@GregAC
Copy link
Contributor Author

@GregAC GregAC commented Oct 26, 2021

@felixmiller @imphil I'd be particular interested to hear if that's any easy way to reduce the BN.MOVR usage within the RSA code.

@imphil imphil added this to Product backlog in OTBN Development via automation Oct 26, 2021
@GregAC GregAC moved this from Product backlog to Sprint backlog in OTBN Development Oct 26, 2021
@GregAC GregAC moved this from Sprint backlog to In progress in OTBN Development Oct 26, 2021
@moidx moidx added the Hotlist:Security Opinion label Oct 26, 2021
@rswarbrick
Copy link
Contributor

@rswarbrick rswarbrick commented Oct 27, 2021

@GregAC: Do you have any data on which bn.movr instructions are in the "tight loops" in the RSA operations that take so long? (Alternatively: what's the easiest way to reproduce what you're seeing?)

@GregAC
Copy link
Contributor Author

@GregAC GregAC commented Oct 27, 2021

The stats output from the ISS gives frequency of various function calls. I've taken a look at that to see which most heavily used functions use bn.movr. cond_sub_to_reg, mont_loop and cond_sub_mod (within modexp.s) are all heavily used and all use bn.movr.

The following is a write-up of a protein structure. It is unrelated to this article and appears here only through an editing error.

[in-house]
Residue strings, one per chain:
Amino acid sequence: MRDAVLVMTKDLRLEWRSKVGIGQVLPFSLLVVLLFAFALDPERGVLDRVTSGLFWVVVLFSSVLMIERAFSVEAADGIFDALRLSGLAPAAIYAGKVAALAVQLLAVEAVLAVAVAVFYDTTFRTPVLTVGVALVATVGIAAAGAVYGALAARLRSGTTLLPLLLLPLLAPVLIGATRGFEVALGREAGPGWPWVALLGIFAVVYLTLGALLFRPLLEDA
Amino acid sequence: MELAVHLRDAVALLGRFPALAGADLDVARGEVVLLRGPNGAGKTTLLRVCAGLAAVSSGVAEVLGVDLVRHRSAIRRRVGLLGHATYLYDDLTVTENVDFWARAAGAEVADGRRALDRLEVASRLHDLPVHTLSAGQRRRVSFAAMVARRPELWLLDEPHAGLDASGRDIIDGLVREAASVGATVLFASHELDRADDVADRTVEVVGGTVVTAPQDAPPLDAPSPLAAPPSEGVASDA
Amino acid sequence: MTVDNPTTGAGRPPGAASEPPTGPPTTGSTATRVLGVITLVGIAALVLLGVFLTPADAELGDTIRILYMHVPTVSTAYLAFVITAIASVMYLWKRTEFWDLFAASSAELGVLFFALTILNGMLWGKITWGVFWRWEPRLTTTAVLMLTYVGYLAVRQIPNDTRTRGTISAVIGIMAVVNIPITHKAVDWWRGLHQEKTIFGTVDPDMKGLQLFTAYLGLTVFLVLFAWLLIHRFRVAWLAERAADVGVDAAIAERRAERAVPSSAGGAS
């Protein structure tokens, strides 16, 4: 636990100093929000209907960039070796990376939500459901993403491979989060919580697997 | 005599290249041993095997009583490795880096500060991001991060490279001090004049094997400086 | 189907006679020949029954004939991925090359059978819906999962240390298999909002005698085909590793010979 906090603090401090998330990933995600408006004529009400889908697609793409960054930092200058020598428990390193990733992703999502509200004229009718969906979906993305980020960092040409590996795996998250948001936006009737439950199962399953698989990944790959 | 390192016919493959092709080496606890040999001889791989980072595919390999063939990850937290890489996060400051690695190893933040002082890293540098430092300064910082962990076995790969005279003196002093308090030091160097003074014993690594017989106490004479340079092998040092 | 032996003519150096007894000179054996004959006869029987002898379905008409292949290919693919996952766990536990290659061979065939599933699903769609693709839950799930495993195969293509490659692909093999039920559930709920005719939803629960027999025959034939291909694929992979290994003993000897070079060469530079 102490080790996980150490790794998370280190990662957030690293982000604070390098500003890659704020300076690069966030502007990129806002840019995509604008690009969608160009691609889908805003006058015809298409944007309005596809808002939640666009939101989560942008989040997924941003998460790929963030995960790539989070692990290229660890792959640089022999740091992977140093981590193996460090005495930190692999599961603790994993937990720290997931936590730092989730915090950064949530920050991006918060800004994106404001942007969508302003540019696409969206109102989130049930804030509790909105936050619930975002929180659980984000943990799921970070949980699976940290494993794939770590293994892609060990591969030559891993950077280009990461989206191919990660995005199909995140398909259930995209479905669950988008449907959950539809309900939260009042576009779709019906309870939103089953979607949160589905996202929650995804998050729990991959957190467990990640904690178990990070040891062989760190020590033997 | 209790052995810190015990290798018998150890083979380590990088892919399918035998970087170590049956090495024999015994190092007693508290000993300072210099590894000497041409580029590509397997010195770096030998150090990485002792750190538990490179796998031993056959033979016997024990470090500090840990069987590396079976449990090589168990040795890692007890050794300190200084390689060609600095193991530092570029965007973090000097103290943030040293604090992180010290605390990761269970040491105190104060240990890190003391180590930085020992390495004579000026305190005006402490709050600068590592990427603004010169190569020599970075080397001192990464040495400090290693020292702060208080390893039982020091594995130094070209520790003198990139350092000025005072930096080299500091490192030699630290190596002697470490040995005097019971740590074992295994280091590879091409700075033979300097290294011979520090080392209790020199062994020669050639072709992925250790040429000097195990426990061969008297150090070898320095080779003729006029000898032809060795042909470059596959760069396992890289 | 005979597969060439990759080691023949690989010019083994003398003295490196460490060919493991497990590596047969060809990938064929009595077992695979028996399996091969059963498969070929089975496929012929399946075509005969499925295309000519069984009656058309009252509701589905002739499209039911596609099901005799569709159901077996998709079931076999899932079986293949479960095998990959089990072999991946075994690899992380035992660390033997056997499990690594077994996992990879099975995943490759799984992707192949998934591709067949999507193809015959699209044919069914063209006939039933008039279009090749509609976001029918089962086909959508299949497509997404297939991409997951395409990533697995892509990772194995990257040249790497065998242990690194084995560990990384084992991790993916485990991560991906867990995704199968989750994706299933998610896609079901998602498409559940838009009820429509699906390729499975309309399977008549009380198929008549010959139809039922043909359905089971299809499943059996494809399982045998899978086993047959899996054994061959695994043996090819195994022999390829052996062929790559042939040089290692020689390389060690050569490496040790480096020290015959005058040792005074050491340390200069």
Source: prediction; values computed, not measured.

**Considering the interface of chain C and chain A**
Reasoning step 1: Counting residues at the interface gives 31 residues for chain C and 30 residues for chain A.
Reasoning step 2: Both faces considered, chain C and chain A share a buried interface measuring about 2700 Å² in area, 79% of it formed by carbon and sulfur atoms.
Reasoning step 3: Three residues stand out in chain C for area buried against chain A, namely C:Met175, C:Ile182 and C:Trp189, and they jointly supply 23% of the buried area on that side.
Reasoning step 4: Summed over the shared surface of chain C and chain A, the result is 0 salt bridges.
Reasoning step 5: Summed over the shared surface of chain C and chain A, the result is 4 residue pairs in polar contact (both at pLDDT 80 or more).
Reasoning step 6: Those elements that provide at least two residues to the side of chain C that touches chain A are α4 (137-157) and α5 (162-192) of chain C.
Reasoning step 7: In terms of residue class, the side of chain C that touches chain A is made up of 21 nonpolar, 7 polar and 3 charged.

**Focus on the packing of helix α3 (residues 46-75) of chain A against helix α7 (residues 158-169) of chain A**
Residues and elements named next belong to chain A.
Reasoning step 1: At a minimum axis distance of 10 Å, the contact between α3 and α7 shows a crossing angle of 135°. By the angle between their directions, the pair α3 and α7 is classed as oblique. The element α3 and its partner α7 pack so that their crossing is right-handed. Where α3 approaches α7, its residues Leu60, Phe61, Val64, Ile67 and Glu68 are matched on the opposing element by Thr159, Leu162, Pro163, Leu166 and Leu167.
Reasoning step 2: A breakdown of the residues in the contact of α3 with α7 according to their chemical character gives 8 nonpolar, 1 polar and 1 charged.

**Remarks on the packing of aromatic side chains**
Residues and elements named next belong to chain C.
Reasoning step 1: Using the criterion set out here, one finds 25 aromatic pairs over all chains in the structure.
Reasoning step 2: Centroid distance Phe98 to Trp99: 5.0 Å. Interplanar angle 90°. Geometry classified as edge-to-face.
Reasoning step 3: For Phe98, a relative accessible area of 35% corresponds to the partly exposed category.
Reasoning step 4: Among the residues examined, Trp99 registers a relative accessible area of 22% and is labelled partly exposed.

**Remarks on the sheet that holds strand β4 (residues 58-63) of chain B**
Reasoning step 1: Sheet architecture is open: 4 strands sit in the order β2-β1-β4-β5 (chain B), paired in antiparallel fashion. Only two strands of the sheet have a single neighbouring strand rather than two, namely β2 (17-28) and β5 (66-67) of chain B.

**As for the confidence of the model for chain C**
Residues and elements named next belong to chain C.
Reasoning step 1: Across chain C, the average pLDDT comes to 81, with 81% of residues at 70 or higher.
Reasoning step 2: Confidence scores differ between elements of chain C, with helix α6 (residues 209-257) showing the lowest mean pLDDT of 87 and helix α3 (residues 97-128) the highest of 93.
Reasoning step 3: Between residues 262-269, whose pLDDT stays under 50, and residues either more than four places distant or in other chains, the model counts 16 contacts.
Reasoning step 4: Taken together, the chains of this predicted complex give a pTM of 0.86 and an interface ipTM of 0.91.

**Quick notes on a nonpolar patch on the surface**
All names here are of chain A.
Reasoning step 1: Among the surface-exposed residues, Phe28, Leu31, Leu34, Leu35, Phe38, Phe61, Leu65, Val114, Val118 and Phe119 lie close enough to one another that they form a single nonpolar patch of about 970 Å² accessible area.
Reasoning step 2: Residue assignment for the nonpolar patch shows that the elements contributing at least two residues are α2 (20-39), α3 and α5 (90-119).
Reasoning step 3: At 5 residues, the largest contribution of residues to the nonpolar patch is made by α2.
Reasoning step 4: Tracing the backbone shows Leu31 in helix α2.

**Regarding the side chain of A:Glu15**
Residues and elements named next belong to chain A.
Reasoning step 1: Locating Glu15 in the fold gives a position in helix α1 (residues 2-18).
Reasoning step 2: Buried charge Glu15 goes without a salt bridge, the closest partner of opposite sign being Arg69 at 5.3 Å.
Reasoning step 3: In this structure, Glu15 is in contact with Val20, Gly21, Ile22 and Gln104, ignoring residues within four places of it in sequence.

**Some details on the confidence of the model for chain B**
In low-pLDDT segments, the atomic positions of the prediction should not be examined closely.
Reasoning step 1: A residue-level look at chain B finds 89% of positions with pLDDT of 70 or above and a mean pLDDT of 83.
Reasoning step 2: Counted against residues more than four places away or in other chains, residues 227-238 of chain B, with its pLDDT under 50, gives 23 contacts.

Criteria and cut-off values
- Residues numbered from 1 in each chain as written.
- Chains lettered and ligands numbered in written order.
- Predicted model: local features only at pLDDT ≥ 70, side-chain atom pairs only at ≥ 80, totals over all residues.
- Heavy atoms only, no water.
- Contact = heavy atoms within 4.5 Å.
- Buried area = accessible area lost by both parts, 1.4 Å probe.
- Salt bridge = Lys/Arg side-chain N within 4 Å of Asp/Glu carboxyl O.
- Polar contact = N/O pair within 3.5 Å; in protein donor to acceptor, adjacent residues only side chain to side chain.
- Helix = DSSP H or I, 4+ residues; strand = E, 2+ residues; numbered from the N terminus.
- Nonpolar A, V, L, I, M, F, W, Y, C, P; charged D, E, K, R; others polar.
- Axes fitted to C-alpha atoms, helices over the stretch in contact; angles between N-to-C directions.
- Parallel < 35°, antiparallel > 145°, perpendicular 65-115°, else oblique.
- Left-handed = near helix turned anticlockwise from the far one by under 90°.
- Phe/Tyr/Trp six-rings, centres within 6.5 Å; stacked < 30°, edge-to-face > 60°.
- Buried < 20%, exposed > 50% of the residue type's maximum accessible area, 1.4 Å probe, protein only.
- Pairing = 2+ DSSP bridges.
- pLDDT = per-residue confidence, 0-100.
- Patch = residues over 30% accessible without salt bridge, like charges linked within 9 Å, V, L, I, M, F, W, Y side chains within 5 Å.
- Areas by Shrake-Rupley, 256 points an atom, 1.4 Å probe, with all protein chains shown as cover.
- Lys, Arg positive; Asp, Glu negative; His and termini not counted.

bn.movr is used so each of those functions can work with varying limb sizes, additionally cond_sub_to_reg has a regfile pointer parameter so the varying limbs of the input can live anywhere in the bignum register file. mont_loop and cond_sub_mod used a fixed starting point in the bignum register file.

There is a limited set of what we'd probably use for number of limbs, 2, 4, 8, 12 corresponding to 512,1024,2048,3072 so we could just do unrolled versions of mont_loop and cond_sub_mod choosing which to use depending on the N, potentially even done in a duffs device style with one unrolled loop you jump into at different points depending upon N (or maybe leave at different points depending on N).

It looks like cond_sub_to_reg is only called from one place, so practically can also work with a fixed starting point rather than needing the register 'pointer' it currently has.

mont_loop might get a big big unrolled, 14 instructions in the loop body (though I think would still happily fit in the 4k with the current modexp.s), cond_sub_mod and cond_sub_to_reg are smaller loops with 5 and 6 instructions in the loop body respectively.